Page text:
This book was a breath of fresh air. I highly recommend The Kindness Revolution if you’re trying to understand how we can pull ourselves out of the pit of depression and anxiety many of us find ourselves thrust into on a regular basis.
It’s easy to read and full of fascinating insights into resilience, loneliness and happiness. It also lays out practical ways to find our way back to a hopeful, trusting and optimistic community mindset through kindness.
Taking the smooth with the rough
Written well into the pandemic and published in May 2021, Hugh Mackay takes a distinctly Australian look at what’s been getting us down, from the 2019-20 bushfires through to ‘lockdown, physical distancing, school closures, people working from home, widespread unemployment, states closing their borders, massive increases in national debt and the collapse of many businesses.’
In short, it’s not been a particularly happy year or two.
While fully acknowledging the trauma many people have experienced, Mackay offers perspective on ‘taking the rough with the smooth’. Chapters end with a helpful summary of the key points which we can implement in our own lives. Here are his tips for taking the rough with the smooth:
1. Accept that you can’t control life’s seasons.
2. Stop wishing for things to stay the same.
3. Stop wishing for things to be different.
4. Above all, remember that your own struggles are part of the human struggle, shared by everyone you meet.
We were born to cooperate, not to compete
I loved this chapter so much. Mackay approaches the issue of cooperation vs competition from both a personal and political level.
He points to the Republic of Ireland as a great example of how opposing political parties can work together ‘to develop a draft program for government – a comprehensive, long-term plan for the nation, covering twenty-two policy areas ranging from the economy and taxation to transport, business, gender, education, healthcare, climate and so on.’
Community and cooperation has never in my lifetime been so clearly important as during the past 18 months. We’re not meant to be alone, we’re meant to work together.
On the adversarial nature of our own political system (and those of most other western nations, I might add), Mackay professes a sort of fatalistic optimism:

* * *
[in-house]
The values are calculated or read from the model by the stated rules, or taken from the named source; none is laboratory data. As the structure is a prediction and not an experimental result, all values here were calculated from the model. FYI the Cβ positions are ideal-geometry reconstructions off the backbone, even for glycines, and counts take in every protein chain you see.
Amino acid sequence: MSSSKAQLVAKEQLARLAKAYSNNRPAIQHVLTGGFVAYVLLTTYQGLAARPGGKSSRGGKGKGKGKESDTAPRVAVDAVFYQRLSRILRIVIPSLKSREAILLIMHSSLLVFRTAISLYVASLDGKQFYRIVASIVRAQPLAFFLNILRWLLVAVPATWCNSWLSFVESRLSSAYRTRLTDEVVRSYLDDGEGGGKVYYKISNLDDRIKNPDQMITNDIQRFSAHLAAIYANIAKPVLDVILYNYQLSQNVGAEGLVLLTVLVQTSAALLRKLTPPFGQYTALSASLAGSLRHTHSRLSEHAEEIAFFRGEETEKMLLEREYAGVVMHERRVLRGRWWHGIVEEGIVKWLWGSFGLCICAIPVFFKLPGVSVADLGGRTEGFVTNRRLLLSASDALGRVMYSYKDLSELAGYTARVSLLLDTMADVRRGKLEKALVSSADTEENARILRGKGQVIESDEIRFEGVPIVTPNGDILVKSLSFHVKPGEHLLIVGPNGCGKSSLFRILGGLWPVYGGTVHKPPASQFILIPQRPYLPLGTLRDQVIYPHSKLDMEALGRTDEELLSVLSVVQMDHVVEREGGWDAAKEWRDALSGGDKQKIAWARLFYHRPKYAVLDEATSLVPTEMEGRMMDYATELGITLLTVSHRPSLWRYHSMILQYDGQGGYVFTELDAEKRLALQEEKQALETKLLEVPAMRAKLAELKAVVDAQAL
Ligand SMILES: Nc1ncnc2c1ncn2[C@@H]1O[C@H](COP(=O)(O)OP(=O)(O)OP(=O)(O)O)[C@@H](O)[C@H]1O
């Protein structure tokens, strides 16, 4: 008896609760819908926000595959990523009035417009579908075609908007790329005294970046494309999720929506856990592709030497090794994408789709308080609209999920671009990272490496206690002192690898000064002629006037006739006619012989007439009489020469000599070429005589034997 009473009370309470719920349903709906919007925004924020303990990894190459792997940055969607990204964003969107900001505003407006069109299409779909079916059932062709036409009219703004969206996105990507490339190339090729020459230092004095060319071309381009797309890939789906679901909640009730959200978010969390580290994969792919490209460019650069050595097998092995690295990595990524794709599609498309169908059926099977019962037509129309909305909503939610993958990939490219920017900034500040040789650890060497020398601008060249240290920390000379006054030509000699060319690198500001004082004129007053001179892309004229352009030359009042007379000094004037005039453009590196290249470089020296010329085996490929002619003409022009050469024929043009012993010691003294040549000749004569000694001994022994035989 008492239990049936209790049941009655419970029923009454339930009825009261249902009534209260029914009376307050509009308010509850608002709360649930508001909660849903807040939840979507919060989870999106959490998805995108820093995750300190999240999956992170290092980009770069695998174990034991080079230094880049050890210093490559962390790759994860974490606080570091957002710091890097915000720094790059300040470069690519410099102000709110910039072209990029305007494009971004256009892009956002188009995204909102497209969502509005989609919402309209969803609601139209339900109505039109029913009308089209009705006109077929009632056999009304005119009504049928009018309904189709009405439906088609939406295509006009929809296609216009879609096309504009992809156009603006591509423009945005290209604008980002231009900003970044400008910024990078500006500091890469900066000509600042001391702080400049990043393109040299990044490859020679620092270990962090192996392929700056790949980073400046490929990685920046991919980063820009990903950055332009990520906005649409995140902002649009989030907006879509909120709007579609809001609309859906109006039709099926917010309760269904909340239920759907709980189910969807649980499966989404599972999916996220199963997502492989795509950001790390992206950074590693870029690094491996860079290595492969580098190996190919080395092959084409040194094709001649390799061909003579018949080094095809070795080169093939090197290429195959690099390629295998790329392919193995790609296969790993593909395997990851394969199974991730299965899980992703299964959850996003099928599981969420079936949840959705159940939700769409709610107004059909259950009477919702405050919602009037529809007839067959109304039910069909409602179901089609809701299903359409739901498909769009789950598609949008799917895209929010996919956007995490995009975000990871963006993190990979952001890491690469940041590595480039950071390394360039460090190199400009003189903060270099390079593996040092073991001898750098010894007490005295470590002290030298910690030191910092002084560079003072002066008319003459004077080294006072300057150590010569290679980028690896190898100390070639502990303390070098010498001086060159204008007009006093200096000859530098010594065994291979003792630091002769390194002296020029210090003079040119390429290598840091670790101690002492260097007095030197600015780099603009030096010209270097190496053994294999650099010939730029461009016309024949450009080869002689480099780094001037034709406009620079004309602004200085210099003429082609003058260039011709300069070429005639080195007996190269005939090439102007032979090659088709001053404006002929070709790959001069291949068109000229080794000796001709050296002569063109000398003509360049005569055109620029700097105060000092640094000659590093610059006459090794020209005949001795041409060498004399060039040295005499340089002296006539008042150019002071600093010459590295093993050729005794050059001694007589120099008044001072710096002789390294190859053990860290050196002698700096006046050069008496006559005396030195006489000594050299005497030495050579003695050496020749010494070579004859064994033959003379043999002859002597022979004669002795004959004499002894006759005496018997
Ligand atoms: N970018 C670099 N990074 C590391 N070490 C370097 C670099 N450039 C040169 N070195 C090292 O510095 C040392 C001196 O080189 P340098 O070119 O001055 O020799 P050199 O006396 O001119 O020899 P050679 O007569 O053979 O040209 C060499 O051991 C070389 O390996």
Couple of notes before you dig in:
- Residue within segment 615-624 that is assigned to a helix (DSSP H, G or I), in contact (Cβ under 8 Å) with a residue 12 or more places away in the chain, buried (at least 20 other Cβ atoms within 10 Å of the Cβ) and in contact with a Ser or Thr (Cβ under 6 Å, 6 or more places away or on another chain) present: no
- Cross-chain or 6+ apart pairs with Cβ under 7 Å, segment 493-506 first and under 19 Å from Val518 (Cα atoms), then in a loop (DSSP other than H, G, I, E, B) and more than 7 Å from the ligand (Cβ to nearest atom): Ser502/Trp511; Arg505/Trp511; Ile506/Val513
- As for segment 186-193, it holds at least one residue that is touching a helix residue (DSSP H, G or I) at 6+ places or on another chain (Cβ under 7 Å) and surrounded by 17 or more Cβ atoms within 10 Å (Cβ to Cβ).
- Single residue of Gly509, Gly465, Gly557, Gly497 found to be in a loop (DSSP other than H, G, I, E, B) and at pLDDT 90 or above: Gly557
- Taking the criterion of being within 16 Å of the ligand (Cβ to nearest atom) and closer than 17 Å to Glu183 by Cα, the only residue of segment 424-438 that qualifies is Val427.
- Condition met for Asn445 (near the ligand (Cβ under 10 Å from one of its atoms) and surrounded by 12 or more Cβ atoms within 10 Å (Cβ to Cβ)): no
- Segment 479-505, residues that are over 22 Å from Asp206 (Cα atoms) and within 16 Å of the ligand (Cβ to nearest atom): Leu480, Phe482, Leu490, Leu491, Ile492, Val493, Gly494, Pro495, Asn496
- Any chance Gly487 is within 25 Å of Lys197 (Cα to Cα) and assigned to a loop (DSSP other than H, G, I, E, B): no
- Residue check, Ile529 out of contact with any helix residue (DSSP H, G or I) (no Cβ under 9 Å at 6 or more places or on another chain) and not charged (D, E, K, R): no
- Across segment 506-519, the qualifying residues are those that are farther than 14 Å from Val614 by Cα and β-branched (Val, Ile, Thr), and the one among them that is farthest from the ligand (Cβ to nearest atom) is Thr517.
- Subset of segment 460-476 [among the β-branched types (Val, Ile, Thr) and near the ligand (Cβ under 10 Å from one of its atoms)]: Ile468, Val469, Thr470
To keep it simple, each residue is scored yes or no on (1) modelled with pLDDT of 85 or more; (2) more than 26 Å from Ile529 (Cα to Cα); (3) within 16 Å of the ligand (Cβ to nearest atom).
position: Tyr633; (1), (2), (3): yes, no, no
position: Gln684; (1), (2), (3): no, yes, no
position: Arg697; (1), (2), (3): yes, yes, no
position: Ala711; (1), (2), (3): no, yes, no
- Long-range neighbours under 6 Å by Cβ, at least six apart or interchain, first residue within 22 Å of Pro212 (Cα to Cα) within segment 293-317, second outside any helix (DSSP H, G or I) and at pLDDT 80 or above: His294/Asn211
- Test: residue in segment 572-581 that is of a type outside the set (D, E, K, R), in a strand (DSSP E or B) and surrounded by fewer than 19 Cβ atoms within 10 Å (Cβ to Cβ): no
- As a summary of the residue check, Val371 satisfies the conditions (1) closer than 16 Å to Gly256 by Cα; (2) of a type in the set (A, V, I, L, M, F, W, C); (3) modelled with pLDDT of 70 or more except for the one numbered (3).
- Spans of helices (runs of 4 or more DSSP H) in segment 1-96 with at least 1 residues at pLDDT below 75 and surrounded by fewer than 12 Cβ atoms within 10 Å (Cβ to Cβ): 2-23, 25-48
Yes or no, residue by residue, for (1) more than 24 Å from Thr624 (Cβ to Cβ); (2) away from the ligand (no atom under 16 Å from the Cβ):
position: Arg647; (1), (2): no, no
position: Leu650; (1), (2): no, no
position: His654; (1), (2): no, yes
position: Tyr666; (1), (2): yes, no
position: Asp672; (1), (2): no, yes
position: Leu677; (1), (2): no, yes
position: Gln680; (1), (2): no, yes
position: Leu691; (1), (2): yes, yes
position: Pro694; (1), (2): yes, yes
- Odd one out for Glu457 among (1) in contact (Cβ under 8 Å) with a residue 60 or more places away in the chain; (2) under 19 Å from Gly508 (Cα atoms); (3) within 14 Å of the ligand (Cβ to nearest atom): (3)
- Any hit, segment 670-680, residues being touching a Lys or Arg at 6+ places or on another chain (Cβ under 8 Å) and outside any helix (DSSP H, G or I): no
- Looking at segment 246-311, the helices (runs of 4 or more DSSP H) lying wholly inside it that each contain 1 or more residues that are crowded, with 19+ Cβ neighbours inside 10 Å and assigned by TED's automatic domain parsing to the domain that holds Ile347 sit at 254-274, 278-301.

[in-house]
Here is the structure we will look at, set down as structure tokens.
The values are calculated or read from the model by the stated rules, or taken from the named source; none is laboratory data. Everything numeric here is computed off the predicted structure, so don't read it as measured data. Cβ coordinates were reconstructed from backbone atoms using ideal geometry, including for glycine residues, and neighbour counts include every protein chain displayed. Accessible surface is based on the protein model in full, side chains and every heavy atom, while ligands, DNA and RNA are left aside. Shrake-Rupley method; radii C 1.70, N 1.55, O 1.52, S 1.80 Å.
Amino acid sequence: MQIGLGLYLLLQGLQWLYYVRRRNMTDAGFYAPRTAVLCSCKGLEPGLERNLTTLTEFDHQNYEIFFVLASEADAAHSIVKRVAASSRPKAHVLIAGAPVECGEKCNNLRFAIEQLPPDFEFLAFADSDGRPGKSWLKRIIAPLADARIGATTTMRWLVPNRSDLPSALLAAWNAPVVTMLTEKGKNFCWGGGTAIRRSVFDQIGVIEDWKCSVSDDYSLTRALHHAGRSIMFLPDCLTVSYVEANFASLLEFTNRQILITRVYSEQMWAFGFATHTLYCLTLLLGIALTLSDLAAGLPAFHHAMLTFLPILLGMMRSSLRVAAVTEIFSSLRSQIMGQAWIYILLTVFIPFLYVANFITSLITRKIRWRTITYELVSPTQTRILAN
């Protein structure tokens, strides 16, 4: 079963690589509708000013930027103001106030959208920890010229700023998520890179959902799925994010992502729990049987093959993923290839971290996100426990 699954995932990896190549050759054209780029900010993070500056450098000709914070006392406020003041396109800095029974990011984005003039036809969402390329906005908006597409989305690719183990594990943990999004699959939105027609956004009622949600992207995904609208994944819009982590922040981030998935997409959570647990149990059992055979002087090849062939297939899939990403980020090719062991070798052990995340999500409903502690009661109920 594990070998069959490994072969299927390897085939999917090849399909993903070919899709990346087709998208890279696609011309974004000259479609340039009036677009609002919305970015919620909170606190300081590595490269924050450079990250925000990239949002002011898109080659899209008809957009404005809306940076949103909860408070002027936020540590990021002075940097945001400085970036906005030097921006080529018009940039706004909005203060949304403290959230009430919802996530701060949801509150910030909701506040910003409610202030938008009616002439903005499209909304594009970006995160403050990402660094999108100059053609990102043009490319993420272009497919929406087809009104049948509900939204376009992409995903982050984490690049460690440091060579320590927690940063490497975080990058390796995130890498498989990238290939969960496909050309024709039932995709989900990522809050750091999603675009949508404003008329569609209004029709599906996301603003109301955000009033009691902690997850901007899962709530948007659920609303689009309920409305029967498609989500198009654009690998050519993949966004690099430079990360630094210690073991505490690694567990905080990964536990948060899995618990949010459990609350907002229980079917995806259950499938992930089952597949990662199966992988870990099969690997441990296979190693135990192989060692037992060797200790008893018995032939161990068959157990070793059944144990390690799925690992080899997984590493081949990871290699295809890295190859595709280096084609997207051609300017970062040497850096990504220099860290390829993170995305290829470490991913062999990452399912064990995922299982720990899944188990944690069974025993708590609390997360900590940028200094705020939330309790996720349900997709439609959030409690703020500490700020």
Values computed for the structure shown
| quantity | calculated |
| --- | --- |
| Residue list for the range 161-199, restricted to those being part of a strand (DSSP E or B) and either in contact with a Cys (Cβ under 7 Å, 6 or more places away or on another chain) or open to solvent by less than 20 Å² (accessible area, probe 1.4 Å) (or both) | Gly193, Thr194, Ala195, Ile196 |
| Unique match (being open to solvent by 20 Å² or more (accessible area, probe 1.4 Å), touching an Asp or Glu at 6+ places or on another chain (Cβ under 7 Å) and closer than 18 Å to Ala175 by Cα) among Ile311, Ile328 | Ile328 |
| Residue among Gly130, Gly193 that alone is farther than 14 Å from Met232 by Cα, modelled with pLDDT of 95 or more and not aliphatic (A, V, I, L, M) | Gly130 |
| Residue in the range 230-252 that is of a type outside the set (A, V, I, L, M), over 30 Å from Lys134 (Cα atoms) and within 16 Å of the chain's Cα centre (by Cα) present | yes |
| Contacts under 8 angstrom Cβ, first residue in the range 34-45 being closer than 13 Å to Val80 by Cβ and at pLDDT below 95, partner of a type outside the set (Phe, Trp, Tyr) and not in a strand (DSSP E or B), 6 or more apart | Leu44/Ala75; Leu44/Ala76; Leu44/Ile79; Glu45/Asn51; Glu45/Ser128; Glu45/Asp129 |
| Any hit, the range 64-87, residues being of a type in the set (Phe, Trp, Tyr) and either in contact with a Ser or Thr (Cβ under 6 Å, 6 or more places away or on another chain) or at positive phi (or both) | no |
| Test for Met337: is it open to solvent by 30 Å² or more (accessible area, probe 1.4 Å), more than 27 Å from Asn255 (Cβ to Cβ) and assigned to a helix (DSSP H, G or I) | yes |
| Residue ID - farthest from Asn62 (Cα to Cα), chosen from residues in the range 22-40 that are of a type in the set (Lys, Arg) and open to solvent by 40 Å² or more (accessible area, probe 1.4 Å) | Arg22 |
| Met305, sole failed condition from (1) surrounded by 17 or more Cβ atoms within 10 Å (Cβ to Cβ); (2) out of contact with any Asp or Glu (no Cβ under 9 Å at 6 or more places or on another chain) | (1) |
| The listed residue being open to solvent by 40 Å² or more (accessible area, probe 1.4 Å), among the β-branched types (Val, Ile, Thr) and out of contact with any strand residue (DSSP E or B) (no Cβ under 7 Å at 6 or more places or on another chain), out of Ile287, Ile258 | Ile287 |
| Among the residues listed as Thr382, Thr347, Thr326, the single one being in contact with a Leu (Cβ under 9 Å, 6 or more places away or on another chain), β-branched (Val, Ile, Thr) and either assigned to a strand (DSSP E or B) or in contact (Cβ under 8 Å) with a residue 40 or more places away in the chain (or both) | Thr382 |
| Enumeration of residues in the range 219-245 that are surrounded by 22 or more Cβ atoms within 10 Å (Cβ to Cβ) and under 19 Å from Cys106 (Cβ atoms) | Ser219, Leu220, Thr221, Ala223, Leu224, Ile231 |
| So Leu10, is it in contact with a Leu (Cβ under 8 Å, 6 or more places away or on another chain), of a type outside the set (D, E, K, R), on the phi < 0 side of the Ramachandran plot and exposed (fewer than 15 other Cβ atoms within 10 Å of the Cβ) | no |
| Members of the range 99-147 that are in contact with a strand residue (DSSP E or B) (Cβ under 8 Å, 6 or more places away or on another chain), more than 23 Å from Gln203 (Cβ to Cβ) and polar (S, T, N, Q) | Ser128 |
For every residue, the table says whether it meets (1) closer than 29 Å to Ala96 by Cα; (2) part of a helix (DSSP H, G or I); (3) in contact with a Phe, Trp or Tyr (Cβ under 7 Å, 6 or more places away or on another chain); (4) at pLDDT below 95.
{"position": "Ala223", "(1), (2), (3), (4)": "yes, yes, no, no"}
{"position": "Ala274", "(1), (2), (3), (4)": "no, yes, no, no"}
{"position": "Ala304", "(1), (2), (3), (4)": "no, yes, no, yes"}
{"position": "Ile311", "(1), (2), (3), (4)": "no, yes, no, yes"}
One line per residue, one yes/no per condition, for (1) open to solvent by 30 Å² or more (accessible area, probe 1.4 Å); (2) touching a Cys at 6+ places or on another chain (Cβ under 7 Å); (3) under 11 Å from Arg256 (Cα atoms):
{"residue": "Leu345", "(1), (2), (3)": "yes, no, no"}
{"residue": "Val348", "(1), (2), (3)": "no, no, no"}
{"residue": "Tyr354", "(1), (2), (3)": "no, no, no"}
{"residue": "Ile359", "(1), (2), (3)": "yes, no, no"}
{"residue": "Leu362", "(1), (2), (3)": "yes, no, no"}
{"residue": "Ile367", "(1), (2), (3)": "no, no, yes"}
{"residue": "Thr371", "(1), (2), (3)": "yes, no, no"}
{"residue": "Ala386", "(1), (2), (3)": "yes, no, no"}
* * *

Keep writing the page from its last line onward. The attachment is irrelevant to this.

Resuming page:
The present system is so creaky, so inefficient and so unpleasant to watch in action that change will eventually come. And when it does, one way or another, it will be in favour of a more cooperative, collaborative process that takes much of the time-wasting adversarial sting out of politics.
I do very much hope he’s right.
On a personal level: Listen
So simple, right? If you want to be a kinder person just… listen. Mackay argues that ‘Everyone’s deepest need is to be heard.’ Interestingly, he wraps up forgiveness with listening. The old adage that you should never apologise or you’ll look weak? Forget that. Here are Mackay’s top tips:
1. Say less; listen more.
2. Listen to the whole person, not just the words.
3. Apologise more freely (‘to fail to apologise is, quite simply, arrogant and insulting’).
4. Forgive more generously.
5. Assume that everyone you meet needs to be heard (people ‘thrive on your undivided attention’).
Cynicism and indifference mock kindness
This chapter totally blew my mind and I’d recommend buying the book just for this if you tend to become cynical under pressure or stress. Step by step, Mackay tracks how a cynical attitude can single-handedly undermine optimism and hope and shake the foundations of communities, including workplaces.
The best weapons against cynicism (your own as well as others’) is kindness and hope.
We don’t need religion to have values
You could alternatively argue that it doesn’t matter which religion you choose as they’re all based on the fundamental teachings of faith, hope and kindness.
If you’re searching for a moral framework that doesn’t start in a church, I recommend dipping into The Kindness Revolution. It provides plenty of food for thought, as well as actions we can take now to create a more hopeful, trusting and optimistic life.